Kelly and Denbrock first hooked up in Allendale, Mich., in 1987 when both were graduate assistants for the Lakers. Within five years, Kelly ascended to head coach – at the age of 30 – and Denbrock became his quarterbacks/receivers coach.
Denbrock would eventually become Kelly’s defensive coordinator for three seasons before branching off into the college game with Stanford, Notre Dame and Washington under Tyrone Willingham. He made a one-year stop at Indiana State under another former Willingham assistant, Trent Miles, before returning for his second stint with Notre Dame/Kelly.
Kelly places great importance on his quarterbacks coach forming a bond with his personnel. That’s at least in part why he tabbed 34-year-old Matt LaFleur in 2014 and now a comparably-aged Sanford.
“I’ve got two guys that I’m going to lean on heavily on game day in Mike Sanford and Mike Denbrock,” Kelly said.
Denbrock has remained unaffected by the media hoopla surrounding the search for the exact roles of the Irish coaches. He’s always been a guy whose ego blends in with the landscape. His voice has one of the highest decibel levels on the practice field, but that’s merely to make sure what needs to be accomplished is achieved.
“I didn’t personally know Mike at all, but it took about five minutes to realize what an asset he would be to what we were doing,” said Denbrock of Sanford.
“He has experience and a good depth of knowledge of coaching the game of football. It was another piece of the puzzle we could add to make our overall football team better.”
Sanford’s fingerprints are on what Denbrock believes is Notre Dame’s new ability to play at several different tempos, a goal of Kelly’s since his arrival from the fast-paced attack offered at Cincinnati. Denbrock said the Irish can play offense at about five different speeds now.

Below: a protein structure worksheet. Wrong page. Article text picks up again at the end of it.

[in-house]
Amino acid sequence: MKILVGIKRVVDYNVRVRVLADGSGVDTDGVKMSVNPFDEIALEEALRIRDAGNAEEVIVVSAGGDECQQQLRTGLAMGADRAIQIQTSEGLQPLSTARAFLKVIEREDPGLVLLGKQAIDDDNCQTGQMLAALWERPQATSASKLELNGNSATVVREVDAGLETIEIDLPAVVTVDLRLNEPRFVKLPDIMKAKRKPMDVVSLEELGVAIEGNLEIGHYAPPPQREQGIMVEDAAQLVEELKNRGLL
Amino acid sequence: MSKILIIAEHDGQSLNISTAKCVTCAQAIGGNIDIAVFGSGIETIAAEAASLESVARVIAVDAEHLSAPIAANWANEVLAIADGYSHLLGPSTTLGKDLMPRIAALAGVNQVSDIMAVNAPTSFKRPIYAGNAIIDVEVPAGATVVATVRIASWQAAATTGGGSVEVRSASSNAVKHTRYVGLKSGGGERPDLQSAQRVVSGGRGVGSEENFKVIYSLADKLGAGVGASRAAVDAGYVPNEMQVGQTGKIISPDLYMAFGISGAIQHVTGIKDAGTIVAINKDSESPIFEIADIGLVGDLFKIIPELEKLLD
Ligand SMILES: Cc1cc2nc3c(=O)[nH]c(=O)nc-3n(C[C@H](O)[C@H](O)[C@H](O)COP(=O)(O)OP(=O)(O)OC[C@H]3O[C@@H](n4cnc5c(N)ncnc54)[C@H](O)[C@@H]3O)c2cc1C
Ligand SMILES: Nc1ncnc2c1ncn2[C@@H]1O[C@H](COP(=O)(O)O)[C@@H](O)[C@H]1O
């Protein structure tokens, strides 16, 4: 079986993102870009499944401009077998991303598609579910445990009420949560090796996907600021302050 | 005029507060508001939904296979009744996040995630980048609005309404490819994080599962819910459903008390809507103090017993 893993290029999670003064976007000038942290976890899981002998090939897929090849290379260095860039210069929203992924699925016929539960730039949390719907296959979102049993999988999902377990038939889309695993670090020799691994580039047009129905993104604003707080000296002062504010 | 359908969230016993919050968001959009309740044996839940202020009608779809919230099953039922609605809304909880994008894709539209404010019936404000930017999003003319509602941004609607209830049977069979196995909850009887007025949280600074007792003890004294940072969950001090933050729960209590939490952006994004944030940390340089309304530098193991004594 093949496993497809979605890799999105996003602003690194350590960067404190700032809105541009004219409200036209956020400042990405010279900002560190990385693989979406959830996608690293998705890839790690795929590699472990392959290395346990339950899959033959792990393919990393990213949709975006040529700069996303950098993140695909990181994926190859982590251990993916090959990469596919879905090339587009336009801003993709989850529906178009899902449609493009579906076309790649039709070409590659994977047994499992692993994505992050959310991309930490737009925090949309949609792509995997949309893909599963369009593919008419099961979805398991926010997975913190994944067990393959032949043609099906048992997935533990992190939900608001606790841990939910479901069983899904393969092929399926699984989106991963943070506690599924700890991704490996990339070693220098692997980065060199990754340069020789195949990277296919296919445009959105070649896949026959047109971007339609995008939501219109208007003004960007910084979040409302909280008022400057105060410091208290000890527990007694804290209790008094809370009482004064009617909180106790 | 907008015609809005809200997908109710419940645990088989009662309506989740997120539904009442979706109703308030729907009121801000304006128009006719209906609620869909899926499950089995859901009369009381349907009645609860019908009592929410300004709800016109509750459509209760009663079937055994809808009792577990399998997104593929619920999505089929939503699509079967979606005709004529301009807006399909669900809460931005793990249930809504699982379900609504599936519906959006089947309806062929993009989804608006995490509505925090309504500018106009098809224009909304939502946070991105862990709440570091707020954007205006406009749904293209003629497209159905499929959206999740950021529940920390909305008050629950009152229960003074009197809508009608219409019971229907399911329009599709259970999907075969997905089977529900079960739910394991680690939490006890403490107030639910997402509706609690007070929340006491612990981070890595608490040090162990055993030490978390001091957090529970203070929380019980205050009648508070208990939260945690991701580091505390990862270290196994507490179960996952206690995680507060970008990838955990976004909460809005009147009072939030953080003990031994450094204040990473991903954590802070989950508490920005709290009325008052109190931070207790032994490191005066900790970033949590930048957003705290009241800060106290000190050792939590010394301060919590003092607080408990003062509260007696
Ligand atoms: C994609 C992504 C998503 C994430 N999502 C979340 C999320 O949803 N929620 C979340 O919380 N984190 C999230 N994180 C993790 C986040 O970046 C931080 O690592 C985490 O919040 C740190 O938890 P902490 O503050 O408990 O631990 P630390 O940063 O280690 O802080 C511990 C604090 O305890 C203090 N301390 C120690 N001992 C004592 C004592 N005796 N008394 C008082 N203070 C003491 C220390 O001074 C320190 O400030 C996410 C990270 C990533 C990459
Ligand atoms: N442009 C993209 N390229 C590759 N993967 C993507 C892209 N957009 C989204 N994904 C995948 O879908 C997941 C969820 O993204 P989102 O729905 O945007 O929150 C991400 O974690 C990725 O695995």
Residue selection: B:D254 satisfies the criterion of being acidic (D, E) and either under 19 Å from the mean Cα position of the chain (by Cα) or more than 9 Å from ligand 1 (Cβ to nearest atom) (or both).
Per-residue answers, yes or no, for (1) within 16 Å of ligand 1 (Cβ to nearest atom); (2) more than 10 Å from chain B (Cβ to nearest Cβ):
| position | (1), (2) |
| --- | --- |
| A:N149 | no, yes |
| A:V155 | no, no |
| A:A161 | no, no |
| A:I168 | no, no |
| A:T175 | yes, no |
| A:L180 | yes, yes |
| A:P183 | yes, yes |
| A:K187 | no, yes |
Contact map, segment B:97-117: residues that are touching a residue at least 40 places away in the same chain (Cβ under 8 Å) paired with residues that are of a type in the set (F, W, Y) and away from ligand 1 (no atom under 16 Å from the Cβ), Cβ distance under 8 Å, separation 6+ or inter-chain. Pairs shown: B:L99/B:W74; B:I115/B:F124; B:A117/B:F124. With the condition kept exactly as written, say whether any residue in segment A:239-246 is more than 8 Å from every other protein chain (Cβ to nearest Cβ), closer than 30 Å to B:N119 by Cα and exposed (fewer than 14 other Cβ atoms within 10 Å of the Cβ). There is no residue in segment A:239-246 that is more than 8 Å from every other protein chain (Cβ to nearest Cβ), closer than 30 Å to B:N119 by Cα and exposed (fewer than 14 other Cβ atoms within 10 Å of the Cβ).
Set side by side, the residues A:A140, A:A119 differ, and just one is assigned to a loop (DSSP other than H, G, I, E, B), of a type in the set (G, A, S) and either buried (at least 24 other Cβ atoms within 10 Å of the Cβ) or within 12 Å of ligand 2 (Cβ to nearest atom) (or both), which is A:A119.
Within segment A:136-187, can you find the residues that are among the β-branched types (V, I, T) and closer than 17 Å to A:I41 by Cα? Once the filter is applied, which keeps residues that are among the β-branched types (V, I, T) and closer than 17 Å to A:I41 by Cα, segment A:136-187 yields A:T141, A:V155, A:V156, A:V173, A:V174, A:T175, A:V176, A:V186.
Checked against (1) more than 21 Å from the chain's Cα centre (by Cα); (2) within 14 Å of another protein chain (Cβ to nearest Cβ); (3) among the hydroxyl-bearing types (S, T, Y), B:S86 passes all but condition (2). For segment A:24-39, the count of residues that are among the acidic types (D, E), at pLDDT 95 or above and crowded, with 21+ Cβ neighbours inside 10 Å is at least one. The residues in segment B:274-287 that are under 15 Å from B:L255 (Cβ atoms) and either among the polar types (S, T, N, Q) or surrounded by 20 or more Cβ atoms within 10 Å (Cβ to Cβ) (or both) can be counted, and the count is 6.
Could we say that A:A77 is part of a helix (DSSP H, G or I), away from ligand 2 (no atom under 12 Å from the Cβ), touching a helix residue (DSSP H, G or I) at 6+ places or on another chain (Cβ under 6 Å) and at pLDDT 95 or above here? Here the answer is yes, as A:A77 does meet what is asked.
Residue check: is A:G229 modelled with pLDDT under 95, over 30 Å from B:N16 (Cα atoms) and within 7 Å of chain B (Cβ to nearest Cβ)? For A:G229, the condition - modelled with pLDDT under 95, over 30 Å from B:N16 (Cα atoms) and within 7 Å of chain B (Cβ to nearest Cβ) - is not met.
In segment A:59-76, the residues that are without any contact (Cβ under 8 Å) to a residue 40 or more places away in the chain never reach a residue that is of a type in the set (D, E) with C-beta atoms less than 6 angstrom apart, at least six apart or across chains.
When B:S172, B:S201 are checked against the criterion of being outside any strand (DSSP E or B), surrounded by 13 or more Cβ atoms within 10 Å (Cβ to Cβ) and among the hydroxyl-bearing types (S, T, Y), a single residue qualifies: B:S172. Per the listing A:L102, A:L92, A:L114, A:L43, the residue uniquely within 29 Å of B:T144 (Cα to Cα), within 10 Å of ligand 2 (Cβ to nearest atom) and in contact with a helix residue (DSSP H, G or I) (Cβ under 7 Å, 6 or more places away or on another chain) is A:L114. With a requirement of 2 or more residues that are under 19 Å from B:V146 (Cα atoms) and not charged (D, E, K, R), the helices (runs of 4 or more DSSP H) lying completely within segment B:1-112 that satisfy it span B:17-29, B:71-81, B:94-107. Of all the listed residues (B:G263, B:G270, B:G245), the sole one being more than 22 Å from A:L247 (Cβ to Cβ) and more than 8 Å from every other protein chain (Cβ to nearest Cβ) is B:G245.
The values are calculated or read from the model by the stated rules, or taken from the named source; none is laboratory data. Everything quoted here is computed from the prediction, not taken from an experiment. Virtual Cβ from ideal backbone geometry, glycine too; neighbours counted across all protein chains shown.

Kelly also has cited Sanford for being in accord with him on “movement keys and progression reads,” which Kelly said the Irish lacked at times in 2014.
Kelly recently commented about a play he used in his early days at Cincinnati that popped upon on Sanford’s play sheet at Boise State a year ago.
“Everything we do offensively gets thrown against the wall,” Denbrock said. “We dissect it, analyze it, and tweak it. There have been ideas that Mike has brought to the offense that we’ve tweaked from the way they did it at Boise but fit better into what we’re doing now with our overall offensive scheme.
“There have been things that Coach Kelly has either talked about to a coach in the NFL or from another college team where we say, ‘Hey, I think this may be an improvement from what we’ve been doing,’ and I’ve kind of done the same thing.
“So it’s been a constant flow of information among the three of us to zero in and get ourselves in a position scheme-wise where we’re doing the best things for the players we have.”
But with the game on the line and when the moment of truth is at hand – when Kelly is seeking one final word of assurance – he’ll likely turn to his trusted confidante for the last say.
“Mike Denbrock sets the table for everything,” Kelly explained. “On a day-to-day basis, Mike Denbrock really takes the offense and presents it as I have set it for him, and then he runs with it.”
Come Sept. 5, Kelly, Denbrock and Sanford will be off and running, together, but in that order.